While the first team was underwater at the first survey site, the rest of us were up top in the Lancet, prepping gear for the next dive and setting up the mapping tool, which is designed to constantly record depth information as we slowly motor around a dive site. Because we were working off one boat, we took turns diving. Later, during the liveaboard portion of this mission, we’ll split into 2 teams working off 2 separate small boats, and we’ll be able to double the number of sites we visit.
When Lino and Schumacher surfaced and exited the water, they were eager to share what they saw on their dive. They relayed that, although there weren’t many large fishes (>30 cm in length), there were lots and lots of smaller fishes, especially damselfishes. Timor-Leste, as part of the Coral Triangle region, is known for having a high diversity of marine life—double or triple the number of fish species we normally encounter at the other island chains that we survey. As we heard about the variety of species that the first team observed, at that moment, we were glad that we had done our homework and tested ourselves on the fishes that have been catalogued here before. Schumacher and Lino added that the visibility wasn’t great and that they had seen many soft corals and some moderate-sized fishes that we don’t see often—rabbitfishes and breams. On the next dive, the visibility improved and the habitat had more rocks and boulders with less corals, but there were still lots of small fishes and other fishes that were new to us.
During surveys on following days, we got more and more comfortable with the changing conditions and the amazing assortment of fishes and fell into somewhat of a routine: load our gear into the Lancet, motor to our dive sites, conduct our surveys and map the area, come back to rinse our gear and have dinner, and enter our data into a database. On our third day of diving, we motored to Atauro Island, where we added a water sampling routine into our daily tasks. We had checked out of our hotel and stayed the night on Atauro Island the night of June 6 before returning to Dili on June 7.
On June 8, we met with local partners for Coral Triangle Day and caught up on data entry duties and prepared to move west to Caimeo Beach, where we stayed in tents at the Black Rock Resort for the next 4 nights to conduct surveys around Liquiçá. Joining us at Black Rock were our colleagues from the Timor-Leste Ministry of Agriculture and Fisheries (MAF) and the Coral Triangle Support Partnership (CTSP), who observe our daily operations to get a feel and understanding of what is involved in collecting fish and benthic data and water samples. The MAF and CTSP partners learned how to download data from a subsurface temperature recorder—an instrument used to record temperature and pressure—and they also practiced making water collections from shore. Later, Rui Pinto of CTSP led them in practice of fish and benthic surveys from shore while the CRED team was out conducting surveys on the Lancet. The hope is that our local partners in Timor-Leste, armed with these new skills, will be able to continue the work that we’ve started here. On June 12, almost 20 members of the Liquiçá MAF went to Black Rock to meet with us after a day of diving. They got a rundown of what we’ve been doing and what kind of data we’ll be able to share with them. They expressed great interest in being able to carry on surveys of their fish and benthic communities, combining knowledge from local fishers with the techniques that we’ve demonstrated.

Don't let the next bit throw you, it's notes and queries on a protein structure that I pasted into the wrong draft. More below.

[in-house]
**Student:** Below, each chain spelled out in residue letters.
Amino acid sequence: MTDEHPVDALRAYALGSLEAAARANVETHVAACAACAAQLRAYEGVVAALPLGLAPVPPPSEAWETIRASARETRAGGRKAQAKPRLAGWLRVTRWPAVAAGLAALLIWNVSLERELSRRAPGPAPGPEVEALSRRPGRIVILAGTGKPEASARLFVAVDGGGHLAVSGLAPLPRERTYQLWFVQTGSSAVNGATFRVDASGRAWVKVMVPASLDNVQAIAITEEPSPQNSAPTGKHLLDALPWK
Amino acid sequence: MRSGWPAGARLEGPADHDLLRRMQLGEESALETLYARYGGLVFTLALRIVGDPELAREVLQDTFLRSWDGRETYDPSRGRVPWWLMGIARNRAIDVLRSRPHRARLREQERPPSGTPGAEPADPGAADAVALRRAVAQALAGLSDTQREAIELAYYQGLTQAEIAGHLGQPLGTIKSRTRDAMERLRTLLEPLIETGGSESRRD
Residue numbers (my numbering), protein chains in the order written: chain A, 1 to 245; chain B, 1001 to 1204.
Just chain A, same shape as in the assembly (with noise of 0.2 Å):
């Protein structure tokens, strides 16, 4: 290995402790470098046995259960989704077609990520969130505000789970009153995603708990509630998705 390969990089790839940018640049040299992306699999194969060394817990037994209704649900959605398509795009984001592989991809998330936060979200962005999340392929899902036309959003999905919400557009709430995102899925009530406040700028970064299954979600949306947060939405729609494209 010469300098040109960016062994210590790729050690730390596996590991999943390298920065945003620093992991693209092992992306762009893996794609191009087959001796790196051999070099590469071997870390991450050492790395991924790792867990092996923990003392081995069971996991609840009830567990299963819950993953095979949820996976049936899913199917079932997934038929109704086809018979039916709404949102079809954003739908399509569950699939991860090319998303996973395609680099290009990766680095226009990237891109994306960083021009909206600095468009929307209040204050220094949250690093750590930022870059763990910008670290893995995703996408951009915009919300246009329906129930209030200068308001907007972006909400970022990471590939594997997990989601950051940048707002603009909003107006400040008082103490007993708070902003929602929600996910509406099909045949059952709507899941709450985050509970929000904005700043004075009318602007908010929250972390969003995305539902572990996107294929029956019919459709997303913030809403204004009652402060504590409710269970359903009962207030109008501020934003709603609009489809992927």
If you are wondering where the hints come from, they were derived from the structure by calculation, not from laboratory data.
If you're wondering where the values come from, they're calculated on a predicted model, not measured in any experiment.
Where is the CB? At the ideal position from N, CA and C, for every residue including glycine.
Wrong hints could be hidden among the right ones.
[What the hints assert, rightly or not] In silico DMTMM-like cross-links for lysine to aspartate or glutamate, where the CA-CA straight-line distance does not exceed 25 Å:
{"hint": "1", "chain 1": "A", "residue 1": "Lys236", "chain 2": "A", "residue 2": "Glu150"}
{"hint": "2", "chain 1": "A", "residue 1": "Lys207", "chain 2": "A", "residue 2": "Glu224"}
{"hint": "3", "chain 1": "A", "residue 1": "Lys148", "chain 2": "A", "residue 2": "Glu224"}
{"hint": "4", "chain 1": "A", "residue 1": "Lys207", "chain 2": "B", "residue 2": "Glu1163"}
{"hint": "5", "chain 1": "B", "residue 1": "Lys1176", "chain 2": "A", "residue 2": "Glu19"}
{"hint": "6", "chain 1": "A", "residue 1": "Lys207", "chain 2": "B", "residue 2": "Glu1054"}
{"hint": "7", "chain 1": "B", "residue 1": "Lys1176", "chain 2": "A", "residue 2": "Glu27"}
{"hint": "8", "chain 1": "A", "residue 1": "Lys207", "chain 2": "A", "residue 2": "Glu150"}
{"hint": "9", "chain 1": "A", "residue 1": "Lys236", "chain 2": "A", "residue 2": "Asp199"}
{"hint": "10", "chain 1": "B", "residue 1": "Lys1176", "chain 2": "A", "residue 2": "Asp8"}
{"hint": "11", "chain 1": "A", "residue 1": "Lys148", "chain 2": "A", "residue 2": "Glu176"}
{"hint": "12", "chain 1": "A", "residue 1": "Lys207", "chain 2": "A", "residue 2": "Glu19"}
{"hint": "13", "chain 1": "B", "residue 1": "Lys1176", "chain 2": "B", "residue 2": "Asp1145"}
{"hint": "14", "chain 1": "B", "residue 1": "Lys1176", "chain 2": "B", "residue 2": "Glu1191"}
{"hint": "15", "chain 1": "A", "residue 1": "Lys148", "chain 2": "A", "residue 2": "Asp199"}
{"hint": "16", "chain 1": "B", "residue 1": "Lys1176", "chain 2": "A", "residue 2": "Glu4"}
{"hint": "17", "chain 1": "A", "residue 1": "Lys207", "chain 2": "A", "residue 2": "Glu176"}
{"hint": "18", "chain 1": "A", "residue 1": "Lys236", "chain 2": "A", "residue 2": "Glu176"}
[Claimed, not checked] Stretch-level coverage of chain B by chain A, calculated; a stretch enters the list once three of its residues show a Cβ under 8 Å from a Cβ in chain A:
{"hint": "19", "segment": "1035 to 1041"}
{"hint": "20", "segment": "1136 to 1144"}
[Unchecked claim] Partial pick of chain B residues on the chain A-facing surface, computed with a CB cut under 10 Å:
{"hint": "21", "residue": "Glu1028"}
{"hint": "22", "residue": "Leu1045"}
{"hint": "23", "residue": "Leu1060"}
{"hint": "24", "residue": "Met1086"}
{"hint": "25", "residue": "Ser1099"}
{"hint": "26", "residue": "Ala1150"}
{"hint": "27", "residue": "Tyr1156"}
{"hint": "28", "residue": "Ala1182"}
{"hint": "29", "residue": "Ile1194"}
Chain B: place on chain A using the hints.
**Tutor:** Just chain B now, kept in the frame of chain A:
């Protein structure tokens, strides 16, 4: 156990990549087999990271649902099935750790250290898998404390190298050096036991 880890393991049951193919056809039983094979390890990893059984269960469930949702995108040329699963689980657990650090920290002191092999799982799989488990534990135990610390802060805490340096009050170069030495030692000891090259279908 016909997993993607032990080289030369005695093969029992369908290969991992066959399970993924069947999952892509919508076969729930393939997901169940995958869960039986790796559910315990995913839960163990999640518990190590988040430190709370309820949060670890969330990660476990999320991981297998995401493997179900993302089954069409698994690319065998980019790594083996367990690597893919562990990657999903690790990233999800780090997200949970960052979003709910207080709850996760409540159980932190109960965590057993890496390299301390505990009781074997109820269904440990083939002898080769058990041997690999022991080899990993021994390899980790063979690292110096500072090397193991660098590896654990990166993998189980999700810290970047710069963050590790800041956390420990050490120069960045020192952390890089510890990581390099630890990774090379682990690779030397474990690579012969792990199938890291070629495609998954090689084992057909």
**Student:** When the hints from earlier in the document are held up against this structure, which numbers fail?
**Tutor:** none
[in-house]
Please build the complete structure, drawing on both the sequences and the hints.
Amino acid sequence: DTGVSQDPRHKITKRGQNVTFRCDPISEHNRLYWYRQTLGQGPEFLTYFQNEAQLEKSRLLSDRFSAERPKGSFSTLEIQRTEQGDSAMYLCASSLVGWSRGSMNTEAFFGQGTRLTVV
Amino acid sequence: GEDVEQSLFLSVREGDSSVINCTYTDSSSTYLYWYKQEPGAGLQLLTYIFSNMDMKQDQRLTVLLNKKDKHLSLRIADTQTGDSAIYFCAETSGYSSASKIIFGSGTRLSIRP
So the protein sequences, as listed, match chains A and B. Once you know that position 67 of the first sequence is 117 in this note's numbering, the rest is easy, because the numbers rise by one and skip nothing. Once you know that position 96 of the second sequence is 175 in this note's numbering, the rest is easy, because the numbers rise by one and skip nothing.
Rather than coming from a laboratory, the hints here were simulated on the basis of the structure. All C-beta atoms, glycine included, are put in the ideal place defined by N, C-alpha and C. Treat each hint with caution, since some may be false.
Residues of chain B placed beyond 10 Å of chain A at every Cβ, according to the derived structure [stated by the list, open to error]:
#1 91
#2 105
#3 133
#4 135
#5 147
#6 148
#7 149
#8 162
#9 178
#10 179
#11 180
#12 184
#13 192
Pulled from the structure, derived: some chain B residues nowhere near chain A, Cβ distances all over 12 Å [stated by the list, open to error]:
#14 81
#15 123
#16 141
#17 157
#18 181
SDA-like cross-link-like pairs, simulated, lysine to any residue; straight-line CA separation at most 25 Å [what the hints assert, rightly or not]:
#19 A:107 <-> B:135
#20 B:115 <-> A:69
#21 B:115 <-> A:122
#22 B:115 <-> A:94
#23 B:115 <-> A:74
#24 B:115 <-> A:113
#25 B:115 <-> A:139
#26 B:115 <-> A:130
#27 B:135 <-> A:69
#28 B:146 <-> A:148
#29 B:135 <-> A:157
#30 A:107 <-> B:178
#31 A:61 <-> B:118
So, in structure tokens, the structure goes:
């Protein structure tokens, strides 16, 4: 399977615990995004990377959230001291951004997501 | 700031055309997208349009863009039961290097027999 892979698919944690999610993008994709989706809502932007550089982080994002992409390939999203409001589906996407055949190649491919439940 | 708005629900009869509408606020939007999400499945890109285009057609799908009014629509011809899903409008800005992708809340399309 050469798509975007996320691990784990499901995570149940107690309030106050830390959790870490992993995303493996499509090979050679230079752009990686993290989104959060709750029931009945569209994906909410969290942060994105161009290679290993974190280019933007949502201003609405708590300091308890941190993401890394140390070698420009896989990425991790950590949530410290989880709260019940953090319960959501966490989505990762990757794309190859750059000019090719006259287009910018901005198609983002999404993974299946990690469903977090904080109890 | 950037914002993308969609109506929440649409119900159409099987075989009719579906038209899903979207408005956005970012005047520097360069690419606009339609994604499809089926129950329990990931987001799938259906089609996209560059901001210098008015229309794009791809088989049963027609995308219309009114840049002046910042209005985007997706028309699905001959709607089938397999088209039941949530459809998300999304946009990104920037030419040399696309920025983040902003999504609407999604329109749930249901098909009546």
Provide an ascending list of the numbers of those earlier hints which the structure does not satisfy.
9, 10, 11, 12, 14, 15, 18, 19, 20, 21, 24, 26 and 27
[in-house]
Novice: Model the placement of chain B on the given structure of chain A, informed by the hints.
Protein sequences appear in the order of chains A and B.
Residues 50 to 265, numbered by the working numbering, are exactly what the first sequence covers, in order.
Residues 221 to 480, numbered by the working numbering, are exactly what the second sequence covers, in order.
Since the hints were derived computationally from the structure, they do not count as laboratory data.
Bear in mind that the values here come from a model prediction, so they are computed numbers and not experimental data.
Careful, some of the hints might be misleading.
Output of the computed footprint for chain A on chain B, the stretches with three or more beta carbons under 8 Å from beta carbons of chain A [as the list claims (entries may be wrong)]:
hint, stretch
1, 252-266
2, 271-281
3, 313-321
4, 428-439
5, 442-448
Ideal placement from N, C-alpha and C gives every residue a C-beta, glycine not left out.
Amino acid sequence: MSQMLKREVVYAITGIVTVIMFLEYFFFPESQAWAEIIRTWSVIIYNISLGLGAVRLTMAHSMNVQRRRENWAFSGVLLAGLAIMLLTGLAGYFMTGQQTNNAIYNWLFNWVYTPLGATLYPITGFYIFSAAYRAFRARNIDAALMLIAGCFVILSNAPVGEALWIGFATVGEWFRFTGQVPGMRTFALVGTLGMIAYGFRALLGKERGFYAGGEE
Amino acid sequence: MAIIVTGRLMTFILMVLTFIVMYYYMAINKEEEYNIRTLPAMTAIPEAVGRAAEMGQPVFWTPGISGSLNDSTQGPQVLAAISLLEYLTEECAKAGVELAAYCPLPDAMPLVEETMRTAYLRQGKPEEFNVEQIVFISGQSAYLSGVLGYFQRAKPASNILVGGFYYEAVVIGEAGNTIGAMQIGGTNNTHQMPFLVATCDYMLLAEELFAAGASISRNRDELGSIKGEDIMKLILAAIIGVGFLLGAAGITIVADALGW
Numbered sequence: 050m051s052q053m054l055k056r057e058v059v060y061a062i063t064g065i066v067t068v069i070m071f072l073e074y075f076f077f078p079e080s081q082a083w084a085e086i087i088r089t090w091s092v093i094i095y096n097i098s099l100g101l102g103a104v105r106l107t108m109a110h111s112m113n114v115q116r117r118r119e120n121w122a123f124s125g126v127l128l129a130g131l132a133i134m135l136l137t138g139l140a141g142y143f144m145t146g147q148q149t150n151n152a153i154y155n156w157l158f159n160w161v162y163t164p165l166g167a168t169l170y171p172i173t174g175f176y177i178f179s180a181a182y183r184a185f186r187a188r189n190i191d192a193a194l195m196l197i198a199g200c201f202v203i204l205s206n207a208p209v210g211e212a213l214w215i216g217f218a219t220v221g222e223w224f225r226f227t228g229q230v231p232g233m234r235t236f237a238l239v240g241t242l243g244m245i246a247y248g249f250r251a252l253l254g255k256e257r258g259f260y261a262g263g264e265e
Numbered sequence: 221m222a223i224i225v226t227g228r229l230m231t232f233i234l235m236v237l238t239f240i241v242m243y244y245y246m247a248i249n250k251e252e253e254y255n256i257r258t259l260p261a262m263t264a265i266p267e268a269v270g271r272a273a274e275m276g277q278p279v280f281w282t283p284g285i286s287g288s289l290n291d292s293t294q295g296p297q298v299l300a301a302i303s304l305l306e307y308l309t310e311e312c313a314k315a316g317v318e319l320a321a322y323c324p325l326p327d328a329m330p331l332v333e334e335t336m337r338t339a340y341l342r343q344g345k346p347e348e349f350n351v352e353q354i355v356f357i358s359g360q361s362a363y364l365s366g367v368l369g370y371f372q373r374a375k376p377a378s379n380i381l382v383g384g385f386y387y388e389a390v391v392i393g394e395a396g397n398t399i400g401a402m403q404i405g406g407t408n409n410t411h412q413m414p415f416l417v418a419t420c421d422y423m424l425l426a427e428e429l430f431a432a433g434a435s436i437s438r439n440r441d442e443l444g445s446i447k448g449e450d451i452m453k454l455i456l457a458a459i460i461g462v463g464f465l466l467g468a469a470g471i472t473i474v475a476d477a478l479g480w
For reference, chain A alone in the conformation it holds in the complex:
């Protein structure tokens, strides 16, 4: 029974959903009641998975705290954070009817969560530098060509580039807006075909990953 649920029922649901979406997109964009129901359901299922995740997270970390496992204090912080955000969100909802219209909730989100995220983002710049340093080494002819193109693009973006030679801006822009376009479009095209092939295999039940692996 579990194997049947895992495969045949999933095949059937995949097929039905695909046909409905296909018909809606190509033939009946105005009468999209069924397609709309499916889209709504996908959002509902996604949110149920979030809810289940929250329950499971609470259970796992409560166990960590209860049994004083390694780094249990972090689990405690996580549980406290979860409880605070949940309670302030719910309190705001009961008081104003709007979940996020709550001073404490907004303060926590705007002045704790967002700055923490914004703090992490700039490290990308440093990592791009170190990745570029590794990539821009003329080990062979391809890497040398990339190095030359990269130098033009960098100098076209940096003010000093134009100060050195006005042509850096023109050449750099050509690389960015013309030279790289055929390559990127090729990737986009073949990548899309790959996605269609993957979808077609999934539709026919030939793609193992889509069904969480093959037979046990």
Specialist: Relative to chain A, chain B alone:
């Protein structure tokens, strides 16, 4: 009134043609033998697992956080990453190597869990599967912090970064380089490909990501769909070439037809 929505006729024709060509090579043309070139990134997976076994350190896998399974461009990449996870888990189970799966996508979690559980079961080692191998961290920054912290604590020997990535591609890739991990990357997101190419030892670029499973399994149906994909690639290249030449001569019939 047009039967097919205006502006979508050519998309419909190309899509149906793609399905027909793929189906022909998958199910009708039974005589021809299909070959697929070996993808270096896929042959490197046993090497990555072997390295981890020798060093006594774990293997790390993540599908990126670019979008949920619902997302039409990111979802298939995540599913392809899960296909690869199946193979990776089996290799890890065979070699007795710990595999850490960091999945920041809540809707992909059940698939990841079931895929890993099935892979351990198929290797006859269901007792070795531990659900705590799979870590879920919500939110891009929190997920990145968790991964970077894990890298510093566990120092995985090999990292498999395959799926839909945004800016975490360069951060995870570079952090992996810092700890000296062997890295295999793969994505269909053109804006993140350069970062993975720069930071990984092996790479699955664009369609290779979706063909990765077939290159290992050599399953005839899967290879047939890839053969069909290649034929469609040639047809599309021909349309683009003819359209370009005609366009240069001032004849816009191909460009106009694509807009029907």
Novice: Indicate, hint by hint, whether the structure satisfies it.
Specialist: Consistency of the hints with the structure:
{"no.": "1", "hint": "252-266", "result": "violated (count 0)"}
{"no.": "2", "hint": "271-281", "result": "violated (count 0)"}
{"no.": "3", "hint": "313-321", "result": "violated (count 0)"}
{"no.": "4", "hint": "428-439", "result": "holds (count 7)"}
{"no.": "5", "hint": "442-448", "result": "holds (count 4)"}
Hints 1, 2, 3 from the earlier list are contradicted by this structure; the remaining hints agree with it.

Our first week in Timor-Leste definitely was a change of pace for us. We met and worked with local partners, added many new fish species to our knowledge base, and added water sampling and mapping to our individual repertoires. It has been an exciting and challenging experience so far. It also has been rewarding: we were completed 50 fish and benthic surveys at Dili, Atauro Island, and Liquiçá and successfully collected water samples at 2 sites at Atauro Island. We know the work we do is vital. Reef fishes are important to the function of coral reef ecosystems and economically important to local communities, such as those of Timor-Leste, and they can be significant indicators of ecosystem decline and overexploitation. The baseline surveys we are doing during this mission will help to quantify fish populations off northern Timor-Leste and may be crucial in informing direct management actions to preserve the coastal environment of Timor-Leste.
Next on the agenda: on June 13, we boarded the live-aboard catamaran Sundancer, which is serving as our floating base of operations for the second and third weeks of our mission. Working from the Sundancer is allowing us to cover more than 160 km of the northern coastline of Timor-Leste and to continue our surveying of reef fish and benthic communities, water sampling, and mapping at the districts of Oecussi, Bobonaro, Manatuto, Baucau, and Lautem, as well as the west side of Atauro Island.
Watch this space for more updates on this mission in Timor-Leste.